Summary: An unusually usual day-to-day story in the Deep South, set in the gothic, swampy southern town of Wet Moon, a place fraught with lousy love lives, teen angst, and shadowy rednecks.
As Cleo Lovedrop heads off for college at the local art school, she’s haunted by her melancholic past: a lost love, a lost child. Friends and enemies live their lives around her, as trouble and dissent brews amongst them: an unseen social assailant spreads slander about Cleo, she is forced to deal with her two brusque roommates, and discovers unsolved mysteries about the girl who lived in her room previously. Elsewhere, Trilby deals with unsettled emotional and sexual issues, and keeping her secret habits hidden from everyone. And Audrey comes to the realization that, despite all her efforts, she always causes her friends distress, while Fern, a peculiar, deformed girl who lives in an isolated mansion in the bayous, begins to notice Cleo and her friends. As the moon grows full and lunar rays shine down, lunacy and moon-calves run free.
Goths, friendship, romance, sex, betrayal, gossip, cats, murder, guilt, a squirrel monkey, and all the terrible and wonderful things people do to each other.
Wet Moon, vol. 1, by Ross Campbell 7.5
It’s only in recent weeks that I discovered that ‘Wet Moon’ existed. Even though it was originally published a decade ago, and that it appears to be an ongoing series (the most recent offering, Book 6, was released in 2012), somehow it never made it onto my radar – even at a time when I hung out with a lot more goth friends.
But late to the party I am, and I found this first volume at a local second-hand bookstore. I hesitated before buying it, given that I knew absolutely nothing about it (buying a graphic novel for the art alone is short-sighted), and ended up getting it from the library instead. The good ol’ library… always there to save the day.
Having had my fill of ‘Chew‘, I was looking for another quirky book to change things up from my series of gritty Brubaker/Phillips crime books. Based on the wonderful black and white artwork, which showed signs of a small degree of silliness between the covers, and the fact that the characters are from different subcultures, I thought this might do the trick.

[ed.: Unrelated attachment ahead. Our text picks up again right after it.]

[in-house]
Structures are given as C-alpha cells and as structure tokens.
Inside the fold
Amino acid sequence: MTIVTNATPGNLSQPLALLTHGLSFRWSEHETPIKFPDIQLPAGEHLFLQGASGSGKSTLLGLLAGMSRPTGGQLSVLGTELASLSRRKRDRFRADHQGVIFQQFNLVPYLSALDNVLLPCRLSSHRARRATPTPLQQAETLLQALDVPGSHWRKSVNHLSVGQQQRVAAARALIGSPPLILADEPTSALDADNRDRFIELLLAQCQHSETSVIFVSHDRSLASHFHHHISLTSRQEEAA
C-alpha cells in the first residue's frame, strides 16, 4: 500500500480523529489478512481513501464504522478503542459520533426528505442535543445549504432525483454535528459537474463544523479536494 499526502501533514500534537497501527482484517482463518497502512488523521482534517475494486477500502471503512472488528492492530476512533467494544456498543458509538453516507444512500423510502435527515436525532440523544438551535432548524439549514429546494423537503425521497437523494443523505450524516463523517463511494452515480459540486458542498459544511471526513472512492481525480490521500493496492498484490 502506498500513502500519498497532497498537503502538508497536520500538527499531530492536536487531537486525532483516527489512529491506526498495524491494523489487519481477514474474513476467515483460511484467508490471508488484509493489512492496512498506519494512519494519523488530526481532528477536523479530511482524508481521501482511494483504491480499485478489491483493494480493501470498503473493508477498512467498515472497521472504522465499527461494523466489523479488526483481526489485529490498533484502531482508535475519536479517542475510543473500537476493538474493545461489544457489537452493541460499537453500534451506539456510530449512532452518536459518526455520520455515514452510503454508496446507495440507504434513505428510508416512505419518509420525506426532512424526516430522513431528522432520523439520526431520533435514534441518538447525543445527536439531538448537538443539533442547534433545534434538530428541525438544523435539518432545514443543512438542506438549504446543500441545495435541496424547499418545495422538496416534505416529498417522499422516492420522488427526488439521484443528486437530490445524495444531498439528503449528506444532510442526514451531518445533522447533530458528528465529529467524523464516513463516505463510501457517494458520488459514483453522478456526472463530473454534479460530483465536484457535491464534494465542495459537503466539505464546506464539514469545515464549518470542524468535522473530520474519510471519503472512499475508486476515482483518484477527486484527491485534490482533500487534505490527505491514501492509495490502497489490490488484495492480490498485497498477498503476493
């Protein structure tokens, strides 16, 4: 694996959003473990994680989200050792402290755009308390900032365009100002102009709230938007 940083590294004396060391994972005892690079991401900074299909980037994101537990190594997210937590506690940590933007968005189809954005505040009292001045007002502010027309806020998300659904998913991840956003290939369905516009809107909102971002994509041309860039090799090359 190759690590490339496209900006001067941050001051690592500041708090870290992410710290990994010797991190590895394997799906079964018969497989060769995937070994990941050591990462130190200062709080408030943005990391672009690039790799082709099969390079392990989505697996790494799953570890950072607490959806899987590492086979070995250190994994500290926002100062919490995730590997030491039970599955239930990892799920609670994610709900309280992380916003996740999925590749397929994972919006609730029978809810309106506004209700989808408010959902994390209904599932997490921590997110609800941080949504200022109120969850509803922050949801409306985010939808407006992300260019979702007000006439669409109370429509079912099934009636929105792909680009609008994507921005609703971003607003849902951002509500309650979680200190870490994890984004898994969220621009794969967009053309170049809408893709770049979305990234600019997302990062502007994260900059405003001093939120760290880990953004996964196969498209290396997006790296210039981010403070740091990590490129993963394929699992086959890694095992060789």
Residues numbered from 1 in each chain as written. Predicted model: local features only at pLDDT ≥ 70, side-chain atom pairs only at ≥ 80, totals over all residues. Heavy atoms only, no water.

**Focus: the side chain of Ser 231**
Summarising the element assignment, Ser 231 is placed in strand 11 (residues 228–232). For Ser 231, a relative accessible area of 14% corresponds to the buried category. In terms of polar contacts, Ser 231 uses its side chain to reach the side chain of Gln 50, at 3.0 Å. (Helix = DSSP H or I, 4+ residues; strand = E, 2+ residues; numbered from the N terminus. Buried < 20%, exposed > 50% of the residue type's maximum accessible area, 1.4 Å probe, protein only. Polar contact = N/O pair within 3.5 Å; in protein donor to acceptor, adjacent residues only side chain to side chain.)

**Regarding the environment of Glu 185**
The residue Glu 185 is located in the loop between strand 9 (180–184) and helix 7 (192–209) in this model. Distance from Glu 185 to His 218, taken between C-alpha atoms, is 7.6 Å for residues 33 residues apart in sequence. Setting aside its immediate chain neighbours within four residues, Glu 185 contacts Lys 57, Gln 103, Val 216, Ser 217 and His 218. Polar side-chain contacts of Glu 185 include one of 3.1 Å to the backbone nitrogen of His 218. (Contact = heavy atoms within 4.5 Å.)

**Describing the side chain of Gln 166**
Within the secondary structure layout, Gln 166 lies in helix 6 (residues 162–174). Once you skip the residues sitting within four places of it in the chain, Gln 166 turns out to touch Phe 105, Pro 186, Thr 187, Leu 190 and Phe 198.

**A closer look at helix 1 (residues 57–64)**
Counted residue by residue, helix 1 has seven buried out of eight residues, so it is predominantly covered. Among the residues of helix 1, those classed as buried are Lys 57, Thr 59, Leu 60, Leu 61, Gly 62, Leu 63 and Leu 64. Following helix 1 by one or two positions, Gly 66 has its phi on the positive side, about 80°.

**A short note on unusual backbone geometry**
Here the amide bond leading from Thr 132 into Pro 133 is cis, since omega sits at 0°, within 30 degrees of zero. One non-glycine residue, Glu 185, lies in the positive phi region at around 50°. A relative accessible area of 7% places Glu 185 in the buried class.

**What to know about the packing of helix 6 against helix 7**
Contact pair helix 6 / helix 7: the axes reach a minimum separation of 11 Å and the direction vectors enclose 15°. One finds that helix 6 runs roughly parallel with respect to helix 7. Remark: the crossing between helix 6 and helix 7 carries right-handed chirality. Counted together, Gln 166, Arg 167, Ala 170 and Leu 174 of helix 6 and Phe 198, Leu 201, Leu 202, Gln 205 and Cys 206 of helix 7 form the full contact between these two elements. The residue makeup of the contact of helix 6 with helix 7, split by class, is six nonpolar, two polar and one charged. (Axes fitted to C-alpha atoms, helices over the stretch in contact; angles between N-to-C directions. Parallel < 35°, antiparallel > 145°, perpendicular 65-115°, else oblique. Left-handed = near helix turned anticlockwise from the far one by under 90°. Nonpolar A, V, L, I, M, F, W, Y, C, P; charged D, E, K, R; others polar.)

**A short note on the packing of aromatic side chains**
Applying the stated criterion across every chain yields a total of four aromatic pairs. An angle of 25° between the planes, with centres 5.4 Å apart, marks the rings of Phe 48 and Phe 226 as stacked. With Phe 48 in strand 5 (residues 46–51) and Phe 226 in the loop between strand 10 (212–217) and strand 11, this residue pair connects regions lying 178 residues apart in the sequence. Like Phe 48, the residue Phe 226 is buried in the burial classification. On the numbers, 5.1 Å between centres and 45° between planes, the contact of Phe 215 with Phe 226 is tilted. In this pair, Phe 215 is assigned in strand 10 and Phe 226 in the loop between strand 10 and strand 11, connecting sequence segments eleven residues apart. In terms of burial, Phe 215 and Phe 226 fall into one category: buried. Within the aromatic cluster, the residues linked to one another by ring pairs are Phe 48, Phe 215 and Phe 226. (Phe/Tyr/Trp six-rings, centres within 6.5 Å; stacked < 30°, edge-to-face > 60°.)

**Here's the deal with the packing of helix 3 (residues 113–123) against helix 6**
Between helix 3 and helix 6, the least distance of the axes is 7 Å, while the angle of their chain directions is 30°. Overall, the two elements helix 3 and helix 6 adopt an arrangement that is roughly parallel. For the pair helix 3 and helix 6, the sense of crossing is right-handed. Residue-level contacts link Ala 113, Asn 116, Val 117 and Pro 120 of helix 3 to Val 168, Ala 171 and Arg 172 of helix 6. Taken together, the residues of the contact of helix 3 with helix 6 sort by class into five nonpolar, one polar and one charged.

It certainly did: while it’s nowhere as nutty as ‘Chew’ was in even its most sober moments, ‘Wet Moon’ was rather quirky, and amusing.
Our story takes us to the town of Wet Moon and is primarily set in a local art college that Cleo and her best friends Audrey, Mara and Trilby are attending. It introduces us to each of them and sets up the various dynamics, with roommates, siblings, exes, and casual acquaintances all making their appearances throughout the book.
The story is relatively mundane, consisting mostly of our protagonist, Cleo, and her friends hanging out, shooting the shit and talking trash. It’s a pretty accurate account of how some young adults are: insecure, flailing about wildly in life, trying to find their place in the world and trying to surround themselves with people who care about them.
I adored the artwork. There’s so much detail on the page; it’s rather impressive. While the proportions were sometimes off (ex: all the characters have stubby thumbs, and their mouths often open far too wide), the style is delicious. I had a hard time imagining that Campbell wrote, drew and inked this whole book by himself. That must be so time-consuming.
In particular, I really enjoyed seeing references to bands that only a few people I know have even heard of. The countless nods to The Birthday Massacre and Bella Morte was simply astounding to me. How had he heard of them? Does he have goth affinities himself? Or does he simply immerse himself in his fictional world so well that he understands it?
But, even more amazing, is how adoringly he poses his characters and lights them. He really does seem to love them in some fashion. The fact is that many of them are not traditionally beautiful people, but he embraces every fold, every imperfection as though these characters were perfect, as a parent would love even their ugliest offspring.
It’s this ultimate acceptance and the “warts and all” approach that Campbell brings to this world that makes it such a joy to read. I love how real it felt. I may not have purchased the book merely at first glance, but it’s on my radar now, and I look forward to finding the full set someday. I plan to explore ‘Wet Moon’ in depth.